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Rodriguez’s latest issue has to be seen as a red flag

Eduardo Rodriguez was limited to 20 starts last season after getting hurt in spring training.jim davis/globe staff/Globe Staff

It’s late December and already there’s news of Eduardo Rodriguez leaving a winter-ball game, after, in Dave Dombrowski’s words, “tweaking” his right knee Tuesday night.

Dombrowski added that the injury did not appear serious. The Red Sox lefthander left in the first inning after facing four batters (three of whom had hits) for precautionary reasons.

“Tweaking” and “not serious ” and “precautionary” usually mean just that. In this case, there’s more of a red flag since this is the same knee that delayed E-Rod’s 2016 debut until May 31.

Rodriguez originally injured the knee 10 months ago, in a Feb. 28 spring training drill, then suffered a setback in April. The fact that there’s still a “tweak” does raise some concern.


E-Rod is a young pitcher with much promise. After being acquired from Baltimore at the trading deadline in 2014 for Andrew Miller, he showed signs in 2015 that he could emerge as elite. Considering Miller’s status right now as perhaps the best reliever in baseball, a lot has been expected from Rodriguez.

It has been assumed that Rodriguez would have the No. 4 or 5 spot in the Red Sox rotation next season. The feeling was that he would excel because of the experience he has gained and from being healthy. Now his health has to be questioned again.

Because the incident happened in Venezuela, we really don’t know what it looked like.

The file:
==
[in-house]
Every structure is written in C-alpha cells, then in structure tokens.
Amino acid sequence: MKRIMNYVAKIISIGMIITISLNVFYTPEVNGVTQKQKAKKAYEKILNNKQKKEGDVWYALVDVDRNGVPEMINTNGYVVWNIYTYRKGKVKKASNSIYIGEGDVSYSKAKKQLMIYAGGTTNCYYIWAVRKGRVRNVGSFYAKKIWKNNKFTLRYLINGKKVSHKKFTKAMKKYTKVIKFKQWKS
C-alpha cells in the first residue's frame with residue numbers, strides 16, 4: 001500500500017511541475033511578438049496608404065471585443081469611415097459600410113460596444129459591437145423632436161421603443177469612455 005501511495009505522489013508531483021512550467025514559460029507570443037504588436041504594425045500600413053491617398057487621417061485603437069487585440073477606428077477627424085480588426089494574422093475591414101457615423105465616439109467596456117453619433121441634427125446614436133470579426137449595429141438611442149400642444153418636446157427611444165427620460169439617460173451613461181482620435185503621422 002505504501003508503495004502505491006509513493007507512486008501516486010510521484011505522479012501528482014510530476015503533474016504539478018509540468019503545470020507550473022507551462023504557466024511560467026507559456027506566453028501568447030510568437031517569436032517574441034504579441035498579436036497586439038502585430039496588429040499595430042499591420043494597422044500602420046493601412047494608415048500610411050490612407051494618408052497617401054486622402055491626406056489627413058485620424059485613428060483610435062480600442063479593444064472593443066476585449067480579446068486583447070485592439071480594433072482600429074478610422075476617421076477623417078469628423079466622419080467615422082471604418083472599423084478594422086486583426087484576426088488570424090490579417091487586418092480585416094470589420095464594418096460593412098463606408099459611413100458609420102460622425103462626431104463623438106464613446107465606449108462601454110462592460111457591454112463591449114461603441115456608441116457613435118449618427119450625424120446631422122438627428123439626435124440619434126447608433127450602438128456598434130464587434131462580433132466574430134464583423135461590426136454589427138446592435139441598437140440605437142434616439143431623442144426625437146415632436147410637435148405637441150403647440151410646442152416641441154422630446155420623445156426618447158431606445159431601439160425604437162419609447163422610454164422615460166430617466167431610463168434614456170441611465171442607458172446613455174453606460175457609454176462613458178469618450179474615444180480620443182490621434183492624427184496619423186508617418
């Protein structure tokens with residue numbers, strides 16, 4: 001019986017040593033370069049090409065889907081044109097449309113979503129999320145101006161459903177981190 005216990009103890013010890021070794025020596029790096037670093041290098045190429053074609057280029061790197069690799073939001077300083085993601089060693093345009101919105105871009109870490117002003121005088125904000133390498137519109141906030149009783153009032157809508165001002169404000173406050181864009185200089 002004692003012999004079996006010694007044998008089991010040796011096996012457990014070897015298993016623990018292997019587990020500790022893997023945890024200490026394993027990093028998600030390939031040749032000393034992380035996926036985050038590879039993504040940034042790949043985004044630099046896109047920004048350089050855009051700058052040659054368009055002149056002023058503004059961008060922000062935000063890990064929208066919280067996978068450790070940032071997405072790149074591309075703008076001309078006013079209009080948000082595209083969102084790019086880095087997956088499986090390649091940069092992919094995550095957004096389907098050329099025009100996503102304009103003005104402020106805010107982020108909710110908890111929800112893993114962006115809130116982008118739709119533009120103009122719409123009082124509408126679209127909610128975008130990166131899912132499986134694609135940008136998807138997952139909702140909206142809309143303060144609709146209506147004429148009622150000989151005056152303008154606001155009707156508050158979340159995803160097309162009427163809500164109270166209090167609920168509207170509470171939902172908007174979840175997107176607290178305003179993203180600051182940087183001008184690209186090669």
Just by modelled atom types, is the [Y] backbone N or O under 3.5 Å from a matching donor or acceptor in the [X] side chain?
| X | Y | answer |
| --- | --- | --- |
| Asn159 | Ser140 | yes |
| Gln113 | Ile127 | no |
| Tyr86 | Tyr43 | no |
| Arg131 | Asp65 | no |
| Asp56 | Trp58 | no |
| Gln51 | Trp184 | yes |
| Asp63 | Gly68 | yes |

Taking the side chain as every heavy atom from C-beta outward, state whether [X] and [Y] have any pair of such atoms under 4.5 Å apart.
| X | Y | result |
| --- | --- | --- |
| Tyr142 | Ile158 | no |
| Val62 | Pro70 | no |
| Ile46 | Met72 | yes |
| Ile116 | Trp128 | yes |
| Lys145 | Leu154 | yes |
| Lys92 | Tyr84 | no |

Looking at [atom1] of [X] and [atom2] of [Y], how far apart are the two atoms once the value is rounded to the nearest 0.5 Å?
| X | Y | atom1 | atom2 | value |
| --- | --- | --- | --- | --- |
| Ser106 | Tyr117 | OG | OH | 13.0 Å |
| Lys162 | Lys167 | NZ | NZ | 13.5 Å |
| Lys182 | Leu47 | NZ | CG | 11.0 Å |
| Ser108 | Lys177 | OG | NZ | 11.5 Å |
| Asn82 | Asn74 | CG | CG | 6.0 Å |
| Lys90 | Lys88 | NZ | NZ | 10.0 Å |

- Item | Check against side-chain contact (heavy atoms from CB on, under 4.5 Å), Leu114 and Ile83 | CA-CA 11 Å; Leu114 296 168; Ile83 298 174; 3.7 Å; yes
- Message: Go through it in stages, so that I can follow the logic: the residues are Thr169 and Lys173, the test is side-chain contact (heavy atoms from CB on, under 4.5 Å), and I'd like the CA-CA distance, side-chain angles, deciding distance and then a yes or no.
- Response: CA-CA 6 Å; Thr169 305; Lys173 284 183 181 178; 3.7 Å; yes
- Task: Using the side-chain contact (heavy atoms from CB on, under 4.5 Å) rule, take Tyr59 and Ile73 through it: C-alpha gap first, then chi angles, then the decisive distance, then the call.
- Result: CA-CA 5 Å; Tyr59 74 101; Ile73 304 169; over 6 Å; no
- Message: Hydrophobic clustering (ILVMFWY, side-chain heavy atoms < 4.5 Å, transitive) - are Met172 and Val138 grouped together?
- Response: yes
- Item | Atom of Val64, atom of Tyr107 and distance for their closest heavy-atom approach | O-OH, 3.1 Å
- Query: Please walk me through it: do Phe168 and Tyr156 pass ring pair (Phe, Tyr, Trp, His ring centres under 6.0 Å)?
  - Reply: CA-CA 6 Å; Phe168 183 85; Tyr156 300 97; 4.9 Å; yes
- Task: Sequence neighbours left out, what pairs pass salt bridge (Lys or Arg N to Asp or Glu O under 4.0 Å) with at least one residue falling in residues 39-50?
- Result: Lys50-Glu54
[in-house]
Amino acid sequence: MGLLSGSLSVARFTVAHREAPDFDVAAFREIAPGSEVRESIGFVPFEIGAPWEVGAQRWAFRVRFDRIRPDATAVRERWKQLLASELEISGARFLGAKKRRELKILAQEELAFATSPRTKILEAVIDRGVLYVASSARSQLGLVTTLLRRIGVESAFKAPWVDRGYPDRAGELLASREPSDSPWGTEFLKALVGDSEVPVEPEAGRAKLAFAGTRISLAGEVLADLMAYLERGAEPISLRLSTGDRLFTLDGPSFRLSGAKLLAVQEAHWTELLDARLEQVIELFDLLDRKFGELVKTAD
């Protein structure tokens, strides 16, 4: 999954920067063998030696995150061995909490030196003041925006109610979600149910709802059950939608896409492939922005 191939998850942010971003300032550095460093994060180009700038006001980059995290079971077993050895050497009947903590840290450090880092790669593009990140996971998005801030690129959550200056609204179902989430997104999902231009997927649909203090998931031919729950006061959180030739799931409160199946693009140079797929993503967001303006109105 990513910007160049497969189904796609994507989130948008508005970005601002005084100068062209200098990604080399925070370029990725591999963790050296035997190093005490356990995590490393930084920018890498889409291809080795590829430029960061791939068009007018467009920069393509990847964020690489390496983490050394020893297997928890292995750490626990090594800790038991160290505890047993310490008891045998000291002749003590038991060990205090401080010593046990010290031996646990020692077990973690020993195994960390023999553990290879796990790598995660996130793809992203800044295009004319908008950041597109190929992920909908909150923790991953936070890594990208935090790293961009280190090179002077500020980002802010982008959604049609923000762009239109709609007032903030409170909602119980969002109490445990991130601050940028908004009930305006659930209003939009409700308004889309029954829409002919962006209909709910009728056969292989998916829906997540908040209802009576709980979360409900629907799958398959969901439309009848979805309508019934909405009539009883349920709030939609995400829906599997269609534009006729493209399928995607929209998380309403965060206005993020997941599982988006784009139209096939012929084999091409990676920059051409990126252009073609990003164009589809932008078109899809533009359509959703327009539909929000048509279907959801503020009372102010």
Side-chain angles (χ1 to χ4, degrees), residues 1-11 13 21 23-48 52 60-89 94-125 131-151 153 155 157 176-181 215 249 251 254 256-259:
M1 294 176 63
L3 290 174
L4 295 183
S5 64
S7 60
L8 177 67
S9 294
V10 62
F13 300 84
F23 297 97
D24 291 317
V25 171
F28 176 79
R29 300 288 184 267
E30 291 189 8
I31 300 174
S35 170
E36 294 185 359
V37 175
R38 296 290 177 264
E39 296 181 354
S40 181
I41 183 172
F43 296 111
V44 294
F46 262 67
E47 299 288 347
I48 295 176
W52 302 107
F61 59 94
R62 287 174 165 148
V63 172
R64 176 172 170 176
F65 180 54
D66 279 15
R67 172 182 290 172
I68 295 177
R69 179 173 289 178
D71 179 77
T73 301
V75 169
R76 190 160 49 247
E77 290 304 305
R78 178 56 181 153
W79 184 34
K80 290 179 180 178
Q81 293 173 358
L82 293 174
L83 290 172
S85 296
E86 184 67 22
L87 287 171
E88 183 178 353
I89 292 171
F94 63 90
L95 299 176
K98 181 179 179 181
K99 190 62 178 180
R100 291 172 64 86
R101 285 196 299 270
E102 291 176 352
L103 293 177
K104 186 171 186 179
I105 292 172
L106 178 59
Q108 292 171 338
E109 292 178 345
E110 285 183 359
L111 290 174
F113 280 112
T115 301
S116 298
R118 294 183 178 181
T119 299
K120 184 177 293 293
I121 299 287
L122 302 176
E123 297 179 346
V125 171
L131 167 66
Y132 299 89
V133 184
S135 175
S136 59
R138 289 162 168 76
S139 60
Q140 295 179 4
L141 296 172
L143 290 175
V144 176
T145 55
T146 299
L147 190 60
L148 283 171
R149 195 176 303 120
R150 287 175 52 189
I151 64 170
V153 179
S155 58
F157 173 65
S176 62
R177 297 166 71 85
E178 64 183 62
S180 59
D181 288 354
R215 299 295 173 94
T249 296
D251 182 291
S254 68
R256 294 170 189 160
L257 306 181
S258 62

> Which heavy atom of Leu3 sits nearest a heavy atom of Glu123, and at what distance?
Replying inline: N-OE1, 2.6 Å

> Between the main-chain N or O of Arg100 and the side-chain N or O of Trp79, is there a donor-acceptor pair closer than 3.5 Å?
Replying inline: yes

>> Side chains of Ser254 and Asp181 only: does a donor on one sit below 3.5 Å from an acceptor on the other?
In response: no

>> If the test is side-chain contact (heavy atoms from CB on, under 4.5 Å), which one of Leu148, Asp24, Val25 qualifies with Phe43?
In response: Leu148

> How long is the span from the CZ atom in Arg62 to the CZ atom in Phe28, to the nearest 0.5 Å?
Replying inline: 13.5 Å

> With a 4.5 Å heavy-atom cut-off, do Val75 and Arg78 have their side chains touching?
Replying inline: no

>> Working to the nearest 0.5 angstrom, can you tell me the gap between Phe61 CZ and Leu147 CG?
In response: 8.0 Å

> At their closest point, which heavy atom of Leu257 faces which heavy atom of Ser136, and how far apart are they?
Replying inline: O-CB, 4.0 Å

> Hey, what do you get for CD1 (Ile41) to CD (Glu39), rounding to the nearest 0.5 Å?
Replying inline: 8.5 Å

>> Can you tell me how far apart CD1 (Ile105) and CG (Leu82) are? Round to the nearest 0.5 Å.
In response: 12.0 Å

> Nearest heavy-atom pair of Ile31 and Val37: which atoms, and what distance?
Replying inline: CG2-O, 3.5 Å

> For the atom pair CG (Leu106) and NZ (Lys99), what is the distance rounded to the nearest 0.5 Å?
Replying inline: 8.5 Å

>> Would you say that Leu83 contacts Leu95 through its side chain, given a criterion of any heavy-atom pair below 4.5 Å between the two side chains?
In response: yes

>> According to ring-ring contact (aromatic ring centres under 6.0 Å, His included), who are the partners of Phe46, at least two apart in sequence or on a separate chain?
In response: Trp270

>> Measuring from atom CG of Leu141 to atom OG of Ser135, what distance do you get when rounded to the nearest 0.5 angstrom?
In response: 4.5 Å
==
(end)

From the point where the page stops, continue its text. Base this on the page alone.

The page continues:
One report had Rodriguez collapsing as he delivered what would be his final pitch. He had allowed three straight singles before getting an out. A “collapse” is certainly a sign of weakness in the knee. Is this injury an issue again?

Rodriguez has thrown 10⅓ innings in Venezuela, allowing nine hits and two earned runs with three walks and 12 strikeouts. He was building up toward pitching for Team Venezuela in the World Baseball Classic in March. It’s not known whether this injury affects those plans.


The incident illustrates the vulnerability of a pitching staff. It can look dynamite one day and suspect the next.

The Red Sox have three elite starters in David Price, Rick Porcello, and Chris Sale. Steven Wright and Drew Pomeranz were All-Stars last season but both ended the season with injury concerns.

Wright, dealing with bursitis in his right shoulder, didn’t pitch after Aug. 31. Pomeranz was removed from the rotation with a flexor tendon issue but returned to the bullpen for one more appearance in the regular season and one in the postseason. This was after the Red Sox were duped on his medicals by the Padres concerning an ongoing forearm and elbow issue.

Rodriguez also suffered a “mild” hamstring strain against the Orioles Aug. 16. He came out of the game in the fifth inning, having allowed no hits. The night before his next start, he opted out, forcing manager John Farrell to go with emergency starter Henry Owens. The result was a 10-5 loss.

The Red Sox didn’t seem pleased with E-Rod’s last-minute pass.

“We’re not going to put a guy in harm’s way,” Farrell said at the time. “If he doesn’t feel he can make the pitches necessary given the circumstances coming off the mound in Baltimore, you have to take him at his word.”

This all could be minor, nothing to worry about. But with a pitcher who has had a recurring issue with his knee, it could be something more.


The Red Sox will do their due diligence medically to make sure everything has healed. To see Rodriguez miss more time at a juncture in his career when he could be reaching the elite level would be a shame.

There are checkpoints every young pitcher must hit before truly “getting there.” Last season, Rodriguez needed to use some of his secondary pitches more, and he seemed to do that.

The strength in the knee definitely affects his delivery and his velocity.

When he first came back, you could tell he didn’t trust the knee enough, and his outings suffered. That gradually got better, and E-Rod looked more like the electric pitcher he was at times in 2015. He pitched a beauty in Oakland Sept. 4, taking a no-hitter into the eighth.

While it’s great to have three elite pitchers, having a potential fourth is even better — unless an old injury derails him.

Nick Cafardo can be reached at cafardo@globe.com. Follow him on Twitter @nickcafardo.